Ayurvedic Benefits of Poppy Seeds
Poppy Seed is an important herb in Ayurveda to treat various health conditions. The Sanskrit name for poppy is Khaskhasaphala. It contains anti-oxidants, which solves quite a bit of health problems. The seeds are also a good source for thiamin, pantothenic acid, pyridoxine, riboflavin, niacin, and folic acid. Rich with minerals like iron, copper, calcium, potassium, manganese, zinc and magnesium, it brings many health benefits.

Now, the dried poppy seeds contain very small levels of opium alkaloids such as morphine and codeine. But when consumed, these compounds produce a minimal effect on the human nervous system. Many people claim that they feel sleepy after having a dish of poppy seeds. However, these chemicals also act as painkillers and are used in the making of medicines. That's why it is assumed great for relief from problems like rheumatism, gout, and arthritis.

Poppy seeds are beneficial for a good digestive system. A remedy of poppy seed powder mixed with ghee is often suggested for stomach ache in our country.  Since the seeds are rich in fatty acids, they can form a protective layer on the skin and prevent loss of moisture. So, it prevents dry itchy skin and even provides a glow on the skin.

Dadi Maa Ka Nuskha
People suffering from insomnia can have a tea mixed with poppy seeds. It helps sleep better and decrease the anxiety.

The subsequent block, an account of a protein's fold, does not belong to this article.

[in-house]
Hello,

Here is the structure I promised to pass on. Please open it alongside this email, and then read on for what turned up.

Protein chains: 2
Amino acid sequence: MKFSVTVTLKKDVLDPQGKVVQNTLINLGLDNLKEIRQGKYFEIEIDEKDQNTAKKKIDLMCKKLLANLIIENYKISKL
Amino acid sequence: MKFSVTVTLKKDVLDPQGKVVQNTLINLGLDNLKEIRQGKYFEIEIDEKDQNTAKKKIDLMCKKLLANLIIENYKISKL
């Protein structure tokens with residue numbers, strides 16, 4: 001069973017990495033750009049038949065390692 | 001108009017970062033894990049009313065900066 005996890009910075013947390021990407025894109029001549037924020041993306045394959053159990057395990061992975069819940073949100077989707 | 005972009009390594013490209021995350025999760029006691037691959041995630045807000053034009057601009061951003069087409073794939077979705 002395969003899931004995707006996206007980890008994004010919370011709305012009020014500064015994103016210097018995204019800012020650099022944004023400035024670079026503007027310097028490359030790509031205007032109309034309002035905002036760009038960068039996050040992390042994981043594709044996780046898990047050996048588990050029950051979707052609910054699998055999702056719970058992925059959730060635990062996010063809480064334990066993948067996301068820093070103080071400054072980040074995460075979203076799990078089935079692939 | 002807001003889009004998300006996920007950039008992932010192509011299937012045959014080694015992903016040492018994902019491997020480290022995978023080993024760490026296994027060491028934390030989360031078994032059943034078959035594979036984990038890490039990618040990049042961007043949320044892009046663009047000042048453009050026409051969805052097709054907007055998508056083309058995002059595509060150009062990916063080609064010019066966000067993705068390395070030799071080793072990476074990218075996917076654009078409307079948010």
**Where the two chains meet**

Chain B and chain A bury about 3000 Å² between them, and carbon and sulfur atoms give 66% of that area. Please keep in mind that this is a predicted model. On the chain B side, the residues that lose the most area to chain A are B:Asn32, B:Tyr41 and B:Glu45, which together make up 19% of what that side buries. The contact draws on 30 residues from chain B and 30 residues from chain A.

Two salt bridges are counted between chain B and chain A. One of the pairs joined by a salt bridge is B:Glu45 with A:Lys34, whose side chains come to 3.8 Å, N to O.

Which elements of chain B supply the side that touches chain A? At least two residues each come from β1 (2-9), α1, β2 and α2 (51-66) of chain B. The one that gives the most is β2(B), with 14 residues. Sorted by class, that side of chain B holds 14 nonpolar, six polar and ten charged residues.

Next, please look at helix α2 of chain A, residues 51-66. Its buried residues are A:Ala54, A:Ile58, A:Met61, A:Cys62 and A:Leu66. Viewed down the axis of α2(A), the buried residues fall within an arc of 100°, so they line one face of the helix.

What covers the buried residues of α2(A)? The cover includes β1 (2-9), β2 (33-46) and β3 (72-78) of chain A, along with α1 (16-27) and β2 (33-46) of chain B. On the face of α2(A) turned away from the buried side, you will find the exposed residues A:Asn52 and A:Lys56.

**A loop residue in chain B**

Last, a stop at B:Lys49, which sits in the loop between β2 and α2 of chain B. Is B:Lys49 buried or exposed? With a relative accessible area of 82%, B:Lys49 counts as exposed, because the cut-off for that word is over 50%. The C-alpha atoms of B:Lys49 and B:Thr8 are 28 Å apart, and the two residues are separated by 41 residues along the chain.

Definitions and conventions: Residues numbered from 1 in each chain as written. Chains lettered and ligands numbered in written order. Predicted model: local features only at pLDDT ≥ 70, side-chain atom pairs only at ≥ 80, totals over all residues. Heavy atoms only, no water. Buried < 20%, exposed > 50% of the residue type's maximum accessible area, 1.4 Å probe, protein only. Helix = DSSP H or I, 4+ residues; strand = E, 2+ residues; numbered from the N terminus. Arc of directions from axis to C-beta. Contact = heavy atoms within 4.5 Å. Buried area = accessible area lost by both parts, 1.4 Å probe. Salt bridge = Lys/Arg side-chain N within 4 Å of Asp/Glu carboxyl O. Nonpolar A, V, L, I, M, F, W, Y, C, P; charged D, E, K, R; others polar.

How to buy
Fresh whole or ground poppy seeds can be readily available in the grocery stores. If you are buying the readymade paste, do check its manufacturing date.
(I am taking part in #BlogchatterA2Z and today’s letter is 'P'.)

You can read my other #BlogchatterA2Z posts here :
  1. A For Alkanet Root - A Magical Spice
  2. B For Black Salt - A Digestive Stimulant
  3. C For Cinnamon - God of Spices
  4. D for Dried Ginger - A More Beneficial Form of Ginger
  5. E For Edible Silver and Gold Foils
  6. F For Fennel Seeds - More Than A Mouth Freshener
  7. G for Green Cardamom - The Queen of Spices
  8. H For Holy Basil - The King of Herb
  9. I For Indian Gooseberry - A Super food
  10. J For Jaggery - A Medicinal Sugar
  11. K For Kalpasi - An Unknown Treasure 
  12. L For Long Pepper - An Underrated Spice
  13. M For Mace - The Cousin of Nutmeg 
  14. N For Nutmeg - The Pricey Spice
  15. O For Onion Seeds - The Flavor Master
Listen This Post Stop Listening Post


  1. Another excellently researched article, Shipra. We do use Kasakasa but mainly to enhance the flavour of dishes. Never knew it was poppy seeds though. I have a bit of backlog in your series. I'll catch up with it soon.

  2. unfortunately we are not allowed to carry this to sg. i love the use of this.


Post a Comment

Popular posts from this blog

A few questions to Halloween party people of India